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Atypical TWAMP

By Kelly Holdcraft June 7, 2017
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Photo courtesy of Lauren Shippen ’13.

How does a typical William & Mary person become the writer and actor for one of the best podcasts of 2016 about atypical therapy patients with supernatural abilities? Like many William & Mary alumni, it came from its creator’s drive and desire to learn. When Lauren Shippen ’13 graduated from William & Mary with a degree in music, she packed up her car and traveled cross county with her college roommate straight to Los Angeles. After spending time working for an agency, Shippen longed for the intellectual challenge of her four years at William & Mary. She dove into acting classes at The BGB Studio and found a learning environment that encouraged and advocated for their students to be stewards of their own careers.

Shippen first acted in web series with fellow classmates from UCB and realized the huge financial undertaking of that type of creative output. She then began vlogging and listening to podcasts, including fictional series like the popular and award-winning, “Welcome to Night Vale.” Shippen continued to look for inspiration when one day stuck in LA traffic at the corner of Santa Monica and Harper, Shippen suddenly imagined the character of Sam, a time traveler who has a therapist named Dr. Bright. The floodgates opened and after one year of the characters “talking in her head,” Shippen brought together her actor friends to begin “The Bright Sessions.” The fictional podcast series follows a group of patients, each with a supernatural ability and their therapy sessions with the mysterious Dr. Bright.

There was not a tipping point, but rather several waves of momentum that led to the success of the “The Bright Sessions.” After the end of Season 1, Shippen’s podcast was posted on a Reddit page as a recommended podcast for fans of “The Black Tapes,” an iTunes best of 2015. Next Jeffrey Cranor of “Welcome to Night Vale” tweeted that he was listening to “The Bright Sessions.” Then, while traveling to London with fellow castmate, Anna Lore, Shippen and Lore learned that “The Bright Sessions” would be a featured podcast on iTunes. “The Bright Sessions” now has over 5 million downloads, was named one of the best podcasts in 2016 by iTunes, Wired, Popular Science and IndieWire, and has won seven Audio Verse Awards in five categories.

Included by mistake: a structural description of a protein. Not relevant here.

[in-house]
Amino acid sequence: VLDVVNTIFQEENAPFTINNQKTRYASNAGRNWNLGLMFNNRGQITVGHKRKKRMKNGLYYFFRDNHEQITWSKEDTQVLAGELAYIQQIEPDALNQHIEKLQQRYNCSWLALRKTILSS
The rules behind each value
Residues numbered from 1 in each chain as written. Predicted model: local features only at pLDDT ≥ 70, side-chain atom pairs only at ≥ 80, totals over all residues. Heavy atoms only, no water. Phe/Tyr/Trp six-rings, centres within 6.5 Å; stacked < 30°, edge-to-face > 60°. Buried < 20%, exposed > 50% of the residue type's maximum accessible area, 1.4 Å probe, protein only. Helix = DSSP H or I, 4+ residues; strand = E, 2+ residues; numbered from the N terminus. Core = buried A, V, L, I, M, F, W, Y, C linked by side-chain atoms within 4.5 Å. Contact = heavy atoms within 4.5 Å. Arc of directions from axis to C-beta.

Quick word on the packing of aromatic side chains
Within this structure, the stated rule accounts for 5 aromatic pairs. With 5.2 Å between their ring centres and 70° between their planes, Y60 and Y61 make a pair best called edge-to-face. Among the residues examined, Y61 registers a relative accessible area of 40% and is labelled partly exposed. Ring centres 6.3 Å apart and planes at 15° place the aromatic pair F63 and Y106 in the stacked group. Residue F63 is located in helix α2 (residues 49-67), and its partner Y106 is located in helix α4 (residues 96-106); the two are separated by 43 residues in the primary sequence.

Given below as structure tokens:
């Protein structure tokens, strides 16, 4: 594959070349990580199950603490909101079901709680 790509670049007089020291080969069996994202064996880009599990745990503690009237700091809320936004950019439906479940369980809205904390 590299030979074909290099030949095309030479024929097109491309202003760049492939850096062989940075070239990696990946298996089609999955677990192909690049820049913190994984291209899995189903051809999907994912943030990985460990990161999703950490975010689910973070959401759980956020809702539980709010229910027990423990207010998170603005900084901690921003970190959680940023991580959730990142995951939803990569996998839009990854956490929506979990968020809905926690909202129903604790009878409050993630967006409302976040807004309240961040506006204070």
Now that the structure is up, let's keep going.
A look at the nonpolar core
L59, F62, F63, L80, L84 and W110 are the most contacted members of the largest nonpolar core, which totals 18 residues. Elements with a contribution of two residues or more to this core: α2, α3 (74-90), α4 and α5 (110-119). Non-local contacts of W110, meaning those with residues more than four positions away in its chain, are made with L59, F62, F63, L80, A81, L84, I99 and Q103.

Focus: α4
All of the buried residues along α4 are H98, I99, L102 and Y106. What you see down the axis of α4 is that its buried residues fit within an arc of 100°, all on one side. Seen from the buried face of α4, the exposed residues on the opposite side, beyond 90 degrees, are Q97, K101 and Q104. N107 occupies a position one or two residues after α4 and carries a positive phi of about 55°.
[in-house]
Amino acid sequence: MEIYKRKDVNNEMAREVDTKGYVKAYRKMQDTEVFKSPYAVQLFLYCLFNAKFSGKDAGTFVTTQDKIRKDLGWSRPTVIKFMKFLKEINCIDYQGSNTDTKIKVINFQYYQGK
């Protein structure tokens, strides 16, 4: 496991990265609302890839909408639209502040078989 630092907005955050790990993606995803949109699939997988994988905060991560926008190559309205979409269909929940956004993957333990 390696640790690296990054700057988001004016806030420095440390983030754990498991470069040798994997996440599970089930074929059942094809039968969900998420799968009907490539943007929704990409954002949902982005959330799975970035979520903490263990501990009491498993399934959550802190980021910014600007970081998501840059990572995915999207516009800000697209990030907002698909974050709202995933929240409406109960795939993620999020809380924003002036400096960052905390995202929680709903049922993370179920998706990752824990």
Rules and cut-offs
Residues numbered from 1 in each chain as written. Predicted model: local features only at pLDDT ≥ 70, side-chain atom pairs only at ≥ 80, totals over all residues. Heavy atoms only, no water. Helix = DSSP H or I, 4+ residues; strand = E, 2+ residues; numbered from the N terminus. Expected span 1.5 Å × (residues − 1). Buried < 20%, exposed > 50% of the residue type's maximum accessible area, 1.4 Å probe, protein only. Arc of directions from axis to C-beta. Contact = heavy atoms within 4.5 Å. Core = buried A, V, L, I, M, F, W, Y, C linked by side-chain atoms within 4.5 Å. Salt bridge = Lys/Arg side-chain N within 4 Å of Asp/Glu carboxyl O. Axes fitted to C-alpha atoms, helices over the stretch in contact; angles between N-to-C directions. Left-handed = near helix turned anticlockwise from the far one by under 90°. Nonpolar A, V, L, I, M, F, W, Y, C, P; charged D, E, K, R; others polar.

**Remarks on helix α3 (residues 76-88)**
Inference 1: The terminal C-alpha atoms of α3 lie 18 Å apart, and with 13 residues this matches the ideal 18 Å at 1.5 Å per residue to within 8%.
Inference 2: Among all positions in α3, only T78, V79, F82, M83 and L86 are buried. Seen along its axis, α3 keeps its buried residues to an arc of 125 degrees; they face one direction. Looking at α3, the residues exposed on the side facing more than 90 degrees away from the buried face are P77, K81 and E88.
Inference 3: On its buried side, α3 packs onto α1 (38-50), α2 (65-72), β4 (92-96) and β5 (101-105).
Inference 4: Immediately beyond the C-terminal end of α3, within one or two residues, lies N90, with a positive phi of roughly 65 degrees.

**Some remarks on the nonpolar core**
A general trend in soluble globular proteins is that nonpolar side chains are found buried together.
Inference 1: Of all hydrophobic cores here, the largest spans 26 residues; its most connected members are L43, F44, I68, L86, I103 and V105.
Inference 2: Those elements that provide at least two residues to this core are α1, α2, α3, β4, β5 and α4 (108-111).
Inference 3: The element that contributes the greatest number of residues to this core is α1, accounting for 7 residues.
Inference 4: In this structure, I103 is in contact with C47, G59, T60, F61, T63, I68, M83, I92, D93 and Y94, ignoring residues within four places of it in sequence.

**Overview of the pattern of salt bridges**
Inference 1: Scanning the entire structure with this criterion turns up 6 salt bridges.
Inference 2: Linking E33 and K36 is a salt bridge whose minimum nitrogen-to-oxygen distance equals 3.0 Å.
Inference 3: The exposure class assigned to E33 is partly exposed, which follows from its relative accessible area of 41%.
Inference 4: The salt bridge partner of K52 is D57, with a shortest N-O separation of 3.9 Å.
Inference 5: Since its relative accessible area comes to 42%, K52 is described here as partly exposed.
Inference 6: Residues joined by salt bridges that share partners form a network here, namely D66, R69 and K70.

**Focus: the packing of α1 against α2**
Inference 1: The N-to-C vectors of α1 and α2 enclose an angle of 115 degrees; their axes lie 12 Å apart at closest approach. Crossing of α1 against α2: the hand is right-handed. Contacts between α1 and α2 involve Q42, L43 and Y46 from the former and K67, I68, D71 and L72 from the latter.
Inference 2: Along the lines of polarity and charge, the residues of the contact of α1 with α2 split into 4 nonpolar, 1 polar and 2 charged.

Shippen’s passion went from part-time to professional, and now finds little time to listen to her favorite podcasts because she is working full-time creating an amazing one! Shippen also gets to work with another fellow W&M alumnus, Evan Cunningham ’16. Cunningham is a composer for “The Bright Sessions,” and was a fellow singer with Shippen in Double Take, W&M’s co-ed a cappella group. Shippen and Evan are living an atypical William & Mary alumni life in LA and remind each of us to #staystrange.

Why did you choose William & Mary?

When I was college hunting, I knew I wanted to go to a liberal arts school that was small but not tiny — something in the 3k-6k range for the student body. Ideally, I wanted somewhere with an active theatre department and an a cappella community. A few different colleges fit the bill for these requirements, so campus tours ended up being the deciding factor. The moment I stepped foot on those brick pathways, it just felt right. I applied early and the rest is history! 

What do you miss most about William & Mary? What do you miss least about W&M?

I think I miss the people the most — I forged some of my closest and most significant friendships my very first week there and joined various clubs and groups that gave me so much. The thing that I love about William & Mary is how passionate everyone is about what they do. Everyone has unique interests, but the level of enthusiasm is universal. While I've found an amazing community of people in Los Angeles, I miss living in that every single day. Also, if I'm completely honest, I really miss singing a cappella.